There were several trails, some full of rocks, which people could hike, but we didn’t have time. We sat on the rocks along the shore and relaxed. It had been a good day and unfortunately our time in Scotland was coming to an end.

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Before heading home, we stopped at the restaurant we saw. We weren’t too hungry so we got small meals. I tried some beef with Yorkshire pudding and had some water with it. The others got pizza, fish, or a kids platter (which looked amazing!) If you haven’t had Yorkshire pudding, it’s not what it sounds like. It’s a plain bread that goes great with almost any meat or soup.

We sat outside and relaxed a bit. The sun was beginning to set. Yellow, orange, and pink hues began to settle upon the emerald trees. The restaurant seemed to come alive and people were getting ready to head home. We were among those heading home since we had to get the car back in time.

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A road trip in Scotland is nothing like Texas. It takes four hours to get somewhere in Texas at times. Scotland, you can head over to the coast, up into the hills, over to the loch, and back to Edinburgh in no time. Everything is close yet diverse.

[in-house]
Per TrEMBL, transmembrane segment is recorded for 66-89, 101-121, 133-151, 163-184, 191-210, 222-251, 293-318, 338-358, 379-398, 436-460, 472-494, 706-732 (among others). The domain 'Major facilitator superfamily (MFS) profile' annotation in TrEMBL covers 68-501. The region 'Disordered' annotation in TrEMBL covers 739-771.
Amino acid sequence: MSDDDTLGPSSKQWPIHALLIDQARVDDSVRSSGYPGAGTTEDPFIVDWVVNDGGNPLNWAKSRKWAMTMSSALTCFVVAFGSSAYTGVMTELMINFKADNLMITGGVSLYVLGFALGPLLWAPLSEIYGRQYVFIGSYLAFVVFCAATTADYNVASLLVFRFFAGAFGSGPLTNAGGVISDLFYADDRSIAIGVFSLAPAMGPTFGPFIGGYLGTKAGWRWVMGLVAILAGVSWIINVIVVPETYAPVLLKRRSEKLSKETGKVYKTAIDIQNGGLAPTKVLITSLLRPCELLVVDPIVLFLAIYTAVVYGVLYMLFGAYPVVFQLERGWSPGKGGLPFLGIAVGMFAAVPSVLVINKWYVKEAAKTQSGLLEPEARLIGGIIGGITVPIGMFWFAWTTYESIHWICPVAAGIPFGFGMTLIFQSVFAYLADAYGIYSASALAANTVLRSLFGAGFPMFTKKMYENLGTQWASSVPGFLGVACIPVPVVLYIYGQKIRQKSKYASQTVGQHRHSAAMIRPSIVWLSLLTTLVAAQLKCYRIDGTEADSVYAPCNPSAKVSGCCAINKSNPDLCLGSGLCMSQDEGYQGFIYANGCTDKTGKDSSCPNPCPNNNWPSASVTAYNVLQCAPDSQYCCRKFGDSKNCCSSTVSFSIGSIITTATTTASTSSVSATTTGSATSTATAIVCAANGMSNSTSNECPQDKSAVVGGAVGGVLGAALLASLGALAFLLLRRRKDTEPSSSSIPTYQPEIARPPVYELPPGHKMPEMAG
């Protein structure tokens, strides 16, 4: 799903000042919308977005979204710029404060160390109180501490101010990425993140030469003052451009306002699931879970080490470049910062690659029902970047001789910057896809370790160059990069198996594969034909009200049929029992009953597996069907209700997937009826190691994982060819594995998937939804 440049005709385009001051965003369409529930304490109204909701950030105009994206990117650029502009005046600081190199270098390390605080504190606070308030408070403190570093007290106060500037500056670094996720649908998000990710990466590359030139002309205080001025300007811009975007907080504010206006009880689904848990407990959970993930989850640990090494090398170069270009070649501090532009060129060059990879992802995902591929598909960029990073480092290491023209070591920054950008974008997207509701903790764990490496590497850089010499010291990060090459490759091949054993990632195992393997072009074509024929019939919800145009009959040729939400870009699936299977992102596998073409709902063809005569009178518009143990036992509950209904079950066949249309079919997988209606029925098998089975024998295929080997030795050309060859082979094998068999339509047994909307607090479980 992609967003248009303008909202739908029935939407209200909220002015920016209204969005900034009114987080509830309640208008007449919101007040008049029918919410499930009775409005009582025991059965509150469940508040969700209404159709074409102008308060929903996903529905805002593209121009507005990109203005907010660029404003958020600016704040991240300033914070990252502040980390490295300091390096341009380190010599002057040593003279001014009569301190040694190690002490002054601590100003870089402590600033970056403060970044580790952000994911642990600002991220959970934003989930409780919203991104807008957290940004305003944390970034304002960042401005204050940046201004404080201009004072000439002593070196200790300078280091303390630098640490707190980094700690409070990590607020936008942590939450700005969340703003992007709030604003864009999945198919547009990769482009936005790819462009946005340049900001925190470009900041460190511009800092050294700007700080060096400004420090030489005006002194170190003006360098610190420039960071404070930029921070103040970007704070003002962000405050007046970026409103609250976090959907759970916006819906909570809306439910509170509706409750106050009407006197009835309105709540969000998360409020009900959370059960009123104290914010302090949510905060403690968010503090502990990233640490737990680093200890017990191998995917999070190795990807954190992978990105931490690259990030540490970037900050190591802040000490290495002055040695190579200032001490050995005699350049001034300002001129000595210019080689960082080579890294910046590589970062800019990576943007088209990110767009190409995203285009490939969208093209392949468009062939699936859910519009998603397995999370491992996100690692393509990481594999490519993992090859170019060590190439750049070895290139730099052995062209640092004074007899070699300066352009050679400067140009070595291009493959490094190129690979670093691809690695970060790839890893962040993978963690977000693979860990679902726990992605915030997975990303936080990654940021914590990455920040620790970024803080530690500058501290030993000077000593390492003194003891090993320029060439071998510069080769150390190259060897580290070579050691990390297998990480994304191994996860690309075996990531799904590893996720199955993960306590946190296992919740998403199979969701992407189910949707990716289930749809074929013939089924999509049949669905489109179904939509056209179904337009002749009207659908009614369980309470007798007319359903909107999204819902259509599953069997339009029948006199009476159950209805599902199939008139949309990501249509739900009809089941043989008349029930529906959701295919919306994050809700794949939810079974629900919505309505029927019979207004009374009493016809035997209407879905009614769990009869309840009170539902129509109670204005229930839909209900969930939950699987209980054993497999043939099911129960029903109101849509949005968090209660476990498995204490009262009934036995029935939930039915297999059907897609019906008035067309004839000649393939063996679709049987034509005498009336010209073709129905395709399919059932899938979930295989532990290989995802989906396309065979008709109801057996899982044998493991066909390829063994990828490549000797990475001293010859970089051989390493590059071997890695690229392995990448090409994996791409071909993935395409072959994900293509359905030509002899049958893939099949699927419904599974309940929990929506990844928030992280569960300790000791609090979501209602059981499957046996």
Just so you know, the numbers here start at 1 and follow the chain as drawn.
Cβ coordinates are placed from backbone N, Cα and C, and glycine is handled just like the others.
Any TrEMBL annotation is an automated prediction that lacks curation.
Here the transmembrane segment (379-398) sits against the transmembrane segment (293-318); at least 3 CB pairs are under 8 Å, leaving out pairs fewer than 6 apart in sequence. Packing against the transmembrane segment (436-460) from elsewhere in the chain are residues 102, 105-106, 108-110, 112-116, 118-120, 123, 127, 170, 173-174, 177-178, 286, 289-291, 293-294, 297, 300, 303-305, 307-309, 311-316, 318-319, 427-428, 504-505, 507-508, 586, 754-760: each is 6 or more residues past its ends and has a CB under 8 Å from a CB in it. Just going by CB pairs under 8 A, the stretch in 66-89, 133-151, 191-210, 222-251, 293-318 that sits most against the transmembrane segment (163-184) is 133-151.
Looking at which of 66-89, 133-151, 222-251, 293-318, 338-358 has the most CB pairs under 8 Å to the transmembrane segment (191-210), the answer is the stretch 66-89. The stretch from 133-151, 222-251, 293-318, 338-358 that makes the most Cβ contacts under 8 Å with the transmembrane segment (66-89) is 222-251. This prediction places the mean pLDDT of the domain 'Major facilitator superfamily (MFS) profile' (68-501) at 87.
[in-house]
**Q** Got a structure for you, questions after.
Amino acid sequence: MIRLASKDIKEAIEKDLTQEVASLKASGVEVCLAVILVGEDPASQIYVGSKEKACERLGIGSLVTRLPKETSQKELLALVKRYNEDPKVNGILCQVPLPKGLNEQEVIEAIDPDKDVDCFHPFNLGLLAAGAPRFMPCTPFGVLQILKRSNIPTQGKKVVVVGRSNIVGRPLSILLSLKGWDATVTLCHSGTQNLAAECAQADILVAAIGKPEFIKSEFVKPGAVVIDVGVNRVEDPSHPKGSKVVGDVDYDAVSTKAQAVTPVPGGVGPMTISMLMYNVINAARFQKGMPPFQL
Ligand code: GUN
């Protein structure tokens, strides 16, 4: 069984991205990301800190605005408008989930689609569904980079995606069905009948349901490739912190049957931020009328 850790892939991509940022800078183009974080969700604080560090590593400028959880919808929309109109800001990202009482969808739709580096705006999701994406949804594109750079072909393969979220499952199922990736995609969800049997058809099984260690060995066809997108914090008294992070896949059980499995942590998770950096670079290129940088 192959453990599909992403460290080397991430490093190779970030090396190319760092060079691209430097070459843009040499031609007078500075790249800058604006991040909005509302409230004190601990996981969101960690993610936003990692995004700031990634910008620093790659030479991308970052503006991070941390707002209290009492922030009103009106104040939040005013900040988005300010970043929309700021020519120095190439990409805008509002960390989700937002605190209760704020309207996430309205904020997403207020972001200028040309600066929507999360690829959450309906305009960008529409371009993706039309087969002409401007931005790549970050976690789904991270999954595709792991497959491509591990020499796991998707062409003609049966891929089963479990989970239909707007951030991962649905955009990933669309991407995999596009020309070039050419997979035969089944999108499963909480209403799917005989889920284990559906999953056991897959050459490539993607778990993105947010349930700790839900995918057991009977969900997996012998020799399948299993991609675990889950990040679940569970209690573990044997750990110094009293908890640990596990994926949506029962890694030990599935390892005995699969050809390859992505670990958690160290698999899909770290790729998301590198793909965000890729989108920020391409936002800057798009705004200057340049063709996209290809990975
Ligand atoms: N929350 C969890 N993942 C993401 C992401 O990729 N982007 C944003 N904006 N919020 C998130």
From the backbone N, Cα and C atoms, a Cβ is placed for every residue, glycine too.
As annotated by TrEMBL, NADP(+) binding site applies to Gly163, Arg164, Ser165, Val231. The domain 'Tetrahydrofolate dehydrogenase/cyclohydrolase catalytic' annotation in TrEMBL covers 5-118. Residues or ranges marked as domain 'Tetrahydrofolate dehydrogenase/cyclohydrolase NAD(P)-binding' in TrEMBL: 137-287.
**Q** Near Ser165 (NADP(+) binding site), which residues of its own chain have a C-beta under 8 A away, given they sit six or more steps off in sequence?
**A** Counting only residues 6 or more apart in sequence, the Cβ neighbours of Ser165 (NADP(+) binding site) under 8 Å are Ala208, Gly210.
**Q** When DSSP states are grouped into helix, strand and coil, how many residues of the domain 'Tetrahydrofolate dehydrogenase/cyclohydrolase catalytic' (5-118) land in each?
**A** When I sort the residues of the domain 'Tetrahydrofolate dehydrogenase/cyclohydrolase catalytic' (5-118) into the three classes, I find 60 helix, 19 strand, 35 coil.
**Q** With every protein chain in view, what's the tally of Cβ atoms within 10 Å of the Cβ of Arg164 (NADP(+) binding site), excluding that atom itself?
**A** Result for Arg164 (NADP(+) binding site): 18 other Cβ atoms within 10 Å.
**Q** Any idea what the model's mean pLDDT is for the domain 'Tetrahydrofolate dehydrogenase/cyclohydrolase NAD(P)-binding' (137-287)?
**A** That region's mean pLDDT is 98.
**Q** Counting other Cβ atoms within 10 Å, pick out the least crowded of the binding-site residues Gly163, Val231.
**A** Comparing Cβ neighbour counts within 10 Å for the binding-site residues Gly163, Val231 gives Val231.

Discovering Scotland with my flat mates was one of the best experiences I’ve ever had. We grew closer and saw numerous unique sites. We had fun playing at the beach and exploring the loch. We tried some new drinks and treats and figured out the new system of driving on the other side of the road. (The traffic circles didn’t help either.)

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All I can say is if you have the chance to go on a road trip in Scotland take it! You’ll get to explore the countryside and parts most people don’t venture off to. Yes, Edinburgh is wonderful and full of history, but it’s also the city. People fill the streets and there’s always a clambering noise. There are rare moments at night when a hush falls upon the city, but it’s nothing like being out at the lake. A road trip in Scotland can be done in a day!